What is Medicare creditable coverage and why does it affect me as an employer?
As part of the Medicare Modernization Act of 2003, the Medicare Part D prescription drug program was created. The law requires that each employer offering prescription drug benefits as part of their employee benefit plan must notify any Medicare-eligible participant and the federal government if the coverage offered is at least as good as the standard Medicare prescription drug plan. If the benefit the employer offers is at least that valuable, the plan is deemed “creditable.”
Notification to these participants is critical as that same law created a “late enrollment penalty” for those who did not have creditable coverage for 63 days or longer prior to their initial enrollment period for their Medicare prescription drug benefit. This will help those affected determine whether or not to stay on the employer plan or enroll in a Medicare Part D drug plan.
So as an employer, what do I need to do?
Every employer who offers a plan covering prescription drugs must file their status (creditable or non-creditable) to the Centers for Medicare and Medicaid Services (CMS) each year no later than 60 days after the start of their plan year. For example, the majority of health plans renew on January 1 of each year, which means they will need to file by March 1. To notify CMS of the plan’s status, the plan sponsor/employer needs to complete this form by entering their contact information and the federal tax identification number and completing the certification. The process is quite simple.
Employers are also responsible for notifying each plan option’s credibility status (note: many plans have more than one health plan option) to all active employees, plan participants, and any covered retirees that may be Medicare eligible.
Keep in mind, Medicare does not always apply to those 65 years or older. There are other extenuating circumstances why someone may be eligible for Medicare and since you may not be aware of any that qualify for other reasons, it is best to send the announcement to all covered persons. This notice must be delivered prior to October 15 each year, so that any person who wishes to enroll for Medicare may do so during that calendar year’s Medicare open enrollment period. Many employers tend to include the creditable status in their open enrollment packets or to new hires as they come on board. The point is, make sure all participants receive the information no later than October 15.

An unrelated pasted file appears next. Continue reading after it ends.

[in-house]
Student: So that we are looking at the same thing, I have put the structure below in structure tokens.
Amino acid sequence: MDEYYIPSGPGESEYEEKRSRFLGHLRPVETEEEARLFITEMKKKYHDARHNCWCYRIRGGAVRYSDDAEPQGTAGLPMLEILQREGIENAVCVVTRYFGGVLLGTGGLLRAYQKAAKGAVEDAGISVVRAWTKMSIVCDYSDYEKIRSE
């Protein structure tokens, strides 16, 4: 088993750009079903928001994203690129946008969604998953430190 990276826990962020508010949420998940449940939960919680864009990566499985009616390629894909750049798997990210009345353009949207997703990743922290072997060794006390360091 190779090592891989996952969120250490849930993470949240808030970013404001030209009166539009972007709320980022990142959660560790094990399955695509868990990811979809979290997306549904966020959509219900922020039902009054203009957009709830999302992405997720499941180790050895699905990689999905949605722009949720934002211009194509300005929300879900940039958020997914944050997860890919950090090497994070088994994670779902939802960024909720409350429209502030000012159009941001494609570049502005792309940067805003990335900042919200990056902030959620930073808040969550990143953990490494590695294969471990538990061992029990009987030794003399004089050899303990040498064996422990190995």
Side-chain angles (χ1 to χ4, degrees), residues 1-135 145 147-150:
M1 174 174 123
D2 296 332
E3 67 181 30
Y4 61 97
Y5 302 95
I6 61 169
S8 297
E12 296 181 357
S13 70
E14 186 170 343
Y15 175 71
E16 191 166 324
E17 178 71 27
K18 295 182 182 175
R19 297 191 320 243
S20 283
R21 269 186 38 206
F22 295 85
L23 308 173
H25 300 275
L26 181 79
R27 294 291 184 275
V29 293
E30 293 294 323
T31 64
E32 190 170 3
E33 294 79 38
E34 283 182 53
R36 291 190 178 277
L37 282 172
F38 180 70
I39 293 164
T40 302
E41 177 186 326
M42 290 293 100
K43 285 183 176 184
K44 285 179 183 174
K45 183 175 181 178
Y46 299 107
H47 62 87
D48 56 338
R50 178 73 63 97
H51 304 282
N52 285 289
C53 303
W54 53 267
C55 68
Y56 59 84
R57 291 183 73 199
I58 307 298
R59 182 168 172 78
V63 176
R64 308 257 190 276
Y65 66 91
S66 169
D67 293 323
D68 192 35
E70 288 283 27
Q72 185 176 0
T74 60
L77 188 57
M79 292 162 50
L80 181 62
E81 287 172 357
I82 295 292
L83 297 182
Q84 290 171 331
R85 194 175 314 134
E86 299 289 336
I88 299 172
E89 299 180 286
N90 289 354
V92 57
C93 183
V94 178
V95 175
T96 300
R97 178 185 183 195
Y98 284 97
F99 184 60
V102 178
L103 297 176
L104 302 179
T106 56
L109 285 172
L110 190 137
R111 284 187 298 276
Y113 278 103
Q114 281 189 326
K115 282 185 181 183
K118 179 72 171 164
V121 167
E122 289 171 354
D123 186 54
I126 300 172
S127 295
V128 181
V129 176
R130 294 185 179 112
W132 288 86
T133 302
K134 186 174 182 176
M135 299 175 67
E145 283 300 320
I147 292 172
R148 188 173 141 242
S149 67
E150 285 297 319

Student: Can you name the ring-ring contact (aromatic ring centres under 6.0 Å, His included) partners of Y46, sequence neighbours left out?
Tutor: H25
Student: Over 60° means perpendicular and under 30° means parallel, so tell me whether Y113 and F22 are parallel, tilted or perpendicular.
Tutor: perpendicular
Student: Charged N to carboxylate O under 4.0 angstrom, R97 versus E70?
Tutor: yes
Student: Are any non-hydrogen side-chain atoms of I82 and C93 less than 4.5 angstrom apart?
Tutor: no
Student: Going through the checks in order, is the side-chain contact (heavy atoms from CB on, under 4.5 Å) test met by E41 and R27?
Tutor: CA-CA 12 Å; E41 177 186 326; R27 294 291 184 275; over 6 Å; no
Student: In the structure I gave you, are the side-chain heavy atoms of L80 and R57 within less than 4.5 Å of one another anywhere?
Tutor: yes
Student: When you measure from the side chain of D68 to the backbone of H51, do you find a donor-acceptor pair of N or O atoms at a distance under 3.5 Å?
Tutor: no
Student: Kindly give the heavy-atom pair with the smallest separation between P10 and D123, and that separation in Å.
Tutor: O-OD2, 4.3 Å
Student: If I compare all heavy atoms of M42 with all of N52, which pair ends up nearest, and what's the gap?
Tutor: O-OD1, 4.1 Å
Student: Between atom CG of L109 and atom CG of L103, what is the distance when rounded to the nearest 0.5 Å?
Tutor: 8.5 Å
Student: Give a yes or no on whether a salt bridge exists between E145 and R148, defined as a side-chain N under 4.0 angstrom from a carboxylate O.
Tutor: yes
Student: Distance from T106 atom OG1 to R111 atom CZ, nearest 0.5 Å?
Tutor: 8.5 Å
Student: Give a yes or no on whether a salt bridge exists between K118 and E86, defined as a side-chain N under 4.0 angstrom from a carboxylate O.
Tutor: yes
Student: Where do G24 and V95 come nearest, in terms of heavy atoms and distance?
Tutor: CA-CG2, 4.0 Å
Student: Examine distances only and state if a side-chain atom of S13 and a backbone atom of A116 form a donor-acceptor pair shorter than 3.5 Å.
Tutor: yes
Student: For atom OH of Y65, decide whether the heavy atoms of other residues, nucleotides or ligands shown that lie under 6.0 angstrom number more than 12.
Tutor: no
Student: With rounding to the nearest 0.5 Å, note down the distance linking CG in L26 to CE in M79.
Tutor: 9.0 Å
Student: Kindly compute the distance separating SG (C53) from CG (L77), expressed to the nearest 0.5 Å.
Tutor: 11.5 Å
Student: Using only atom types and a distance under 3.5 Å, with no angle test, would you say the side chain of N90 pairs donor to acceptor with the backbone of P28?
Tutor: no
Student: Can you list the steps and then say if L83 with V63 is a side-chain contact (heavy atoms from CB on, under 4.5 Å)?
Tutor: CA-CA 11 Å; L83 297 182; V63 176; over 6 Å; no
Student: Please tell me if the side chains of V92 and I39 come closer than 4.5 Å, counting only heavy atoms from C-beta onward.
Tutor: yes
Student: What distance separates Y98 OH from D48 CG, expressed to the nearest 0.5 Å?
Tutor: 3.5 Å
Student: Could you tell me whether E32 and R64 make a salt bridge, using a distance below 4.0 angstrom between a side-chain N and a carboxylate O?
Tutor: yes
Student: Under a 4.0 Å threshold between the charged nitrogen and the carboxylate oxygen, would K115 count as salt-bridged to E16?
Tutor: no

How will I know if our plan is creditable or non-creditable?
If your group plan is fully insured, the insurance carrier will be able to verify if the drug benefit is or is not creditable. Since every carrier is different in the handling of these notices, your agent should assist you as plan status may change each year even if there have been no changes to benefits.
Employers may also check plans status by using guidance from CMS or an independent actuary can be hired to value the benefits appropriately.
What if my plan is not deemed creditable? Are there penalties?
There is no requirement that employers offer creditable coverage and no penalty exists today if they do not. You are only required to a) notify the government annually and b) notify all active employee plan participants and covered retirees that could be Medicare eligible. We recommend that new hires (as they come onboard) are also made aware of the current plan’s Medicare creditable status. Medicare-eligible beneficiaries will be able to decide if they would like to enroll in a higher value Medicare Part D plan if the employer plan is indeed determined non-creditable.
How can I get assistance throughout this process to make sure I stay compliant?
This may be a complex and intimidating task for employers who are busy running their businesses. Our licensed advisors are equipped with the knowledge and resources you need to keep your employers informed and keep their business compliant. If you have questions about creditable coverage or questions about any other compliance issues, please contact your Cornerstone representative today.